Arizona's 'Fierce Devotion to Firearms' Gets Turn in Blame Game for Shooter's Insane Rampage

The Times twice cites Arizona's "fierce" devotion to guns and questions the "passionate gun culture in Arizona, which crosses political lines and is notable for its fierceness, even in the West." Never mind that gun laws have not been shown to decrease shootings.

Is the media moving on from blaming Sarah Palin for a shooting at a Tucson supermarket to blaming the state's "fierce devotion to firearms"?

Tuesday's A1 story by Jo Becker and Michael Luo, "Woven Through Everyday Life, a Fierce Devotion to Firearms" suggested that Times reporters still aren't comfortable interacting with American conservative gun culture.

"I have a Glock 9 millimeter, and I'm a pretty good shot."

The quip, by Representative Gabrielle Giffords, was made in an interview last year with The New York Times, when tensions were running high in her district. It speaks not only to her ability to defend herself but also to the passionate gun culture in Arizona, which crosses political lines and is notable for its fierceness, even in the West.

Indeed, the federal judge who was killed on Saturday in the shootings here, John M. Roll, had his wife and many people who worked with him take lessons at the Marksman Pistol Institute, an indoor range downtown. One of the doctors who operated on Ms. Giffords after the shooting rampage was a member of the Pima Pistol Club, an outdoor range where federal and local law enforcement personnel were practicing on Monday.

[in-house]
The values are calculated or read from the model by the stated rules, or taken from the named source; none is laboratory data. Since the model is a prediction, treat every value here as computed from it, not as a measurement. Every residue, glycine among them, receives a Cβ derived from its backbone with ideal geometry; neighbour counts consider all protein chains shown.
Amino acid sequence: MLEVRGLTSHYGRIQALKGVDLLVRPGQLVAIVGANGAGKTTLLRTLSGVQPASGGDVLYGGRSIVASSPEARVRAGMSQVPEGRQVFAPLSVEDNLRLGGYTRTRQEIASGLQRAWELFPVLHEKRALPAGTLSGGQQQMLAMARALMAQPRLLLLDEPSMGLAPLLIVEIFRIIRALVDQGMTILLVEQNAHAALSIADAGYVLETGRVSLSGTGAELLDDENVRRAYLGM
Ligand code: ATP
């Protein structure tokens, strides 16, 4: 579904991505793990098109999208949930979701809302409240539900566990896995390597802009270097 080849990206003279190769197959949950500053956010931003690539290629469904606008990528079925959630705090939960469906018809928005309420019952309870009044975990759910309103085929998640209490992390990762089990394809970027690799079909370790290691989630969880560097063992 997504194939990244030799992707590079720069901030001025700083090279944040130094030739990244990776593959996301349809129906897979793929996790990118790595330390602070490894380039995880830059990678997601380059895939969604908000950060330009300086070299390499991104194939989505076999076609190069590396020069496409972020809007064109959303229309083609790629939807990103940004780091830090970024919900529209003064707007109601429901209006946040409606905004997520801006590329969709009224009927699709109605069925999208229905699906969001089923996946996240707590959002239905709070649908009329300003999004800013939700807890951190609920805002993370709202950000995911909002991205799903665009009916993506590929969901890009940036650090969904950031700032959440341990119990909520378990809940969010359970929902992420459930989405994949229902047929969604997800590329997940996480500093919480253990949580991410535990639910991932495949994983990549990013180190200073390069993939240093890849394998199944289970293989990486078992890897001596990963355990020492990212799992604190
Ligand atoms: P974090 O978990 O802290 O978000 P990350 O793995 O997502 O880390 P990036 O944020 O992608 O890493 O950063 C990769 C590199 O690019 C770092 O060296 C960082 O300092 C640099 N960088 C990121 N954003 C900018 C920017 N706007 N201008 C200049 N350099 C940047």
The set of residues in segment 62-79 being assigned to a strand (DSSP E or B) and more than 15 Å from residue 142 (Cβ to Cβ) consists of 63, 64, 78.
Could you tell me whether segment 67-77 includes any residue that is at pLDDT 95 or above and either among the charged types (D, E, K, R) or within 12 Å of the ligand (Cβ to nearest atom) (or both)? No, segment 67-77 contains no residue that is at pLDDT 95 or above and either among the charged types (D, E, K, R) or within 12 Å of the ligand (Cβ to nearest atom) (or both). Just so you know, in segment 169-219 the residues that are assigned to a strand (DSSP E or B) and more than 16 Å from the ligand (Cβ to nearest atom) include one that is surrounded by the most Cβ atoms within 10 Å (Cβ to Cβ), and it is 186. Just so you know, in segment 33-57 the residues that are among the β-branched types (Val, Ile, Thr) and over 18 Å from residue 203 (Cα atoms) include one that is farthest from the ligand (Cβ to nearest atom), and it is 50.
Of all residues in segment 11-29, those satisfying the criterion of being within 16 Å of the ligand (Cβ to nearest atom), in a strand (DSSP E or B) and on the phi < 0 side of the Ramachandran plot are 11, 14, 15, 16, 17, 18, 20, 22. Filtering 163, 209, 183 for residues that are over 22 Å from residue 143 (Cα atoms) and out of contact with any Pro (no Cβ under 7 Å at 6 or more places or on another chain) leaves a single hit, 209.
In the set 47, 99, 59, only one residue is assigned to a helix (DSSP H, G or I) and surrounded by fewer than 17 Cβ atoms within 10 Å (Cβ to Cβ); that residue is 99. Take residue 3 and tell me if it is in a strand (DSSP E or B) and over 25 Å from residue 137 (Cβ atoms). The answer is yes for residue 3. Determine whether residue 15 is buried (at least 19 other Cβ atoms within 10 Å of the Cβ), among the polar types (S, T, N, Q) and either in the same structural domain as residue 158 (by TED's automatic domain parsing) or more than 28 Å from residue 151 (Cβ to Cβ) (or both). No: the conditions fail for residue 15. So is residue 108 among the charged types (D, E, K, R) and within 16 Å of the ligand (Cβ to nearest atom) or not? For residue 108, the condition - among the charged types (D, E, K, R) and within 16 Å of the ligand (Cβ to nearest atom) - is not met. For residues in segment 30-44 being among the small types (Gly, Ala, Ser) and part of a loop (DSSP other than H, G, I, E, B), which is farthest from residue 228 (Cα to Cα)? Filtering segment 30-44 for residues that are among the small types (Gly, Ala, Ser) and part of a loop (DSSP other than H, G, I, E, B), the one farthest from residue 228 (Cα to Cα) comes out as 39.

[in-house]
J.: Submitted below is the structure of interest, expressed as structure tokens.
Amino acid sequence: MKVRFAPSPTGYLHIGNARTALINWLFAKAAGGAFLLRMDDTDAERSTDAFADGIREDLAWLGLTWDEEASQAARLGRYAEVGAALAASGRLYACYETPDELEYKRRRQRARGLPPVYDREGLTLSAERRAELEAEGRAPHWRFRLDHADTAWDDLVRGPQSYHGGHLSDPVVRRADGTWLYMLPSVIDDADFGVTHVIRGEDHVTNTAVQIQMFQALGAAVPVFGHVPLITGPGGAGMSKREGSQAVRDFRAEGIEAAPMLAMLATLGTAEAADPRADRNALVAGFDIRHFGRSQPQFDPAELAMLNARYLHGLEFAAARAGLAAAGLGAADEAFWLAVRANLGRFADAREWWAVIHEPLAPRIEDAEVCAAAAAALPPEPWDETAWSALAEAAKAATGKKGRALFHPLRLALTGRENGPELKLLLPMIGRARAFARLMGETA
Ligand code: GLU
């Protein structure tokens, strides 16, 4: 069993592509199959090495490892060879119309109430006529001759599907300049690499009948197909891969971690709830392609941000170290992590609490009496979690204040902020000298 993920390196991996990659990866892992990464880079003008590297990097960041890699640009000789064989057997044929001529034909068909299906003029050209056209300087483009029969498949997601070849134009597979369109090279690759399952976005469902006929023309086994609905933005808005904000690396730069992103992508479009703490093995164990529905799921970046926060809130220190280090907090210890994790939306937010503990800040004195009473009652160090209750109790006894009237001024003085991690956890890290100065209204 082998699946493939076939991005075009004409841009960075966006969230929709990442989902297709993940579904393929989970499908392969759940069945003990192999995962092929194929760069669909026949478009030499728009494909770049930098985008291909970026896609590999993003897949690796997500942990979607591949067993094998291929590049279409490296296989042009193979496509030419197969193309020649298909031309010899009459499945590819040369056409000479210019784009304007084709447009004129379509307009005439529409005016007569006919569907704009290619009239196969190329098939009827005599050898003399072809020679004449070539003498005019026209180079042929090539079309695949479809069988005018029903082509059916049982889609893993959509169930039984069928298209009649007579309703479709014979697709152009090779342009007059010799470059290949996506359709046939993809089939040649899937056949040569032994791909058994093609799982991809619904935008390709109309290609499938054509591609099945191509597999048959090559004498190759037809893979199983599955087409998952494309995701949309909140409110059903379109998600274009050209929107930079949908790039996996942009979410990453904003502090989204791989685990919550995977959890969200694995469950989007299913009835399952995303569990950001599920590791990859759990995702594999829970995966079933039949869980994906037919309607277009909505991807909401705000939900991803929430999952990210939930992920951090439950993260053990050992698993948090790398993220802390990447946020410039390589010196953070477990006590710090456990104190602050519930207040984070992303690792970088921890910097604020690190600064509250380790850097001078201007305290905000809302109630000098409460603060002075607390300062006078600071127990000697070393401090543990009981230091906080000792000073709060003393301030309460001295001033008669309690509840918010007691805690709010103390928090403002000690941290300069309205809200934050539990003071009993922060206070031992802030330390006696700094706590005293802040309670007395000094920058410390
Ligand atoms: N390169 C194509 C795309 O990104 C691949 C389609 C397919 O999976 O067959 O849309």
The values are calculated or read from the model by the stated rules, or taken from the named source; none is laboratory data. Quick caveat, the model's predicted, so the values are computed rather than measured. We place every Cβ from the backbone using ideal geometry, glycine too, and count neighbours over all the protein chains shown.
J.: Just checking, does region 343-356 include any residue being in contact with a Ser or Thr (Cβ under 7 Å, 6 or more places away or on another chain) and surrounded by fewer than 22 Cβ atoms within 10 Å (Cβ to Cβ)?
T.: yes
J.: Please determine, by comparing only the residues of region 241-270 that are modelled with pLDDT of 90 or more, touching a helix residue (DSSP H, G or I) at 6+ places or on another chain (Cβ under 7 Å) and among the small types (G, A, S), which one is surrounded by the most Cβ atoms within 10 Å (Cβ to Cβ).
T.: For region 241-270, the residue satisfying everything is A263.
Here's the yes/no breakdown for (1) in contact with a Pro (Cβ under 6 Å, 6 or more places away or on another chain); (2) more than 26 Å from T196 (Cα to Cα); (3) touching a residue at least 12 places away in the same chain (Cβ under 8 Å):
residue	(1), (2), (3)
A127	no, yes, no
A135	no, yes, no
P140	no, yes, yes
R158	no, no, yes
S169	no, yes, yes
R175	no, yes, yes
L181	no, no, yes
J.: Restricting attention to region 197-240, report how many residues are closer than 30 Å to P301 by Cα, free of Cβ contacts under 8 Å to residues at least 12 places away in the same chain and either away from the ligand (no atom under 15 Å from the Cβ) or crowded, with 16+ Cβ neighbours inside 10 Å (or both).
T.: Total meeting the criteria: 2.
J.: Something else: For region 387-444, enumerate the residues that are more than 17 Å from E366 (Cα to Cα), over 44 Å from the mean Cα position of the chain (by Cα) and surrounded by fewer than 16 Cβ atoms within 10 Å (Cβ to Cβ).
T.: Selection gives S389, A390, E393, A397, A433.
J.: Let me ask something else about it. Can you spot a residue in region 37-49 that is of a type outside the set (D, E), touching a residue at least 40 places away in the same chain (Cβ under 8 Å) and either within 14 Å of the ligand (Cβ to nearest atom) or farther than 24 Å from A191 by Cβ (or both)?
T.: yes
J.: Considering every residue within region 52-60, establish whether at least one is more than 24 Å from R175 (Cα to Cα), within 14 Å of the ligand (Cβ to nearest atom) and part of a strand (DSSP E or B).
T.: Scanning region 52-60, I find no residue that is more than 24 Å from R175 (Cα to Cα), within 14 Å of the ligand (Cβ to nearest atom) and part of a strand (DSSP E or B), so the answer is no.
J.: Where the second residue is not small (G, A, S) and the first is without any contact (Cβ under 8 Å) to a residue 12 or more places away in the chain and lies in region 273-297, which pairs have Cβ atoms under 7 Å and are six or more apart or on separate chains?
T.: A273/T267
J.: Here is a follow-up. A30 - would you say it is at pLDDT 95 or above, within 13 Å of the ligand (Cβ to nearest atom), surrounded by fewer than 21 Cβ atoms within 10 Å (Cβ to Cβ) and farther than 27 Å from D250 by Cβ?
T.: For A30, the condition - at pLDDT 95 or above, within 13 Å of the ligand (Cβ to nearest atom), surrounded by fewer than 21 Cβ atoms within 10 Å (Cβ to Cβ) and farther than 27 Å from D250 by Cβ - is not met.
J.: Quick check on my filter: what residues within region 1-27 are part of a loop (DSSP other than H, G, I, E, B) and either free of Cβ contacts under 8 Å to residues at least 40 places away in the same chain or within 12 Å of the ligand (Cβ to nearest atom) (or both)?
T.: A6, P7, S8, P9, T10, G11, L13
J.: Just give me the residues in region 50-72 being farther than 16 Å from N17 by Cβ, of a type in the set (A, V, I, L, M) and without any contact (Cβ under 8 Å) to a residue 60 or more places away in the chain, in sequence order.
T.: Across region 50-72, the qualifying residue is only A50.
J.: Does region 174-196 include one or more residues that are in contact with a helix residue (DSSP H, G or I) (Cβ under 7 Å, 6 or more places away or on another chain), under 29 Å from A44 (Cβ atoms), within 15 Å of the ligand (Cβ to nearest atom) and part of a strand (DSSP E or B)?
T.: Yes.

Arizona's gun laws stand out as among the most permissive in the country. Last year, Arizona became only the third state that does not require a permit to carry a concealed weapon. The state also enacted another measure that allowed workers to take their guns to work, even if their workplaces banned firearms, as long as they kept them in their locked vehicles.

The Times eventually addressed reality rather than wishful thinking about additional gun restrictions, which have not been shown to stop shootings.

Public support for stricter gun control, however, has dropped significantly over the last couple of decades, and there is little evidence to suggest that mass shootings change opinions.

In a Gallup poll conducted in October, just 44 percent of Americans said the laws covering the sale of firearms should be made stricter, matching Gallup's record low on the question set in 2009. The 1999 Columbine and 2007 Virginia Tech shootings appear to have had little, if any, effect on these views.

In Arizona, the liberalization of gun laws has accelerated over the last two years, after Jan Brewer, a Republican, succeeded Janet Napolitano, a Democrat, as governor in 2009, putting Republicans in control of both the Legislature and the governor's office.


Most people at the ranges said that, if anything, the shooting would cause more people to carry guns as a means of self-defense, rather than cause a retrenchment in the form of stricter laws.

"The criminals are going to have guns, so why should we as law-abiding citizens be punished for what a criminal does?" said Ms. O'Connell.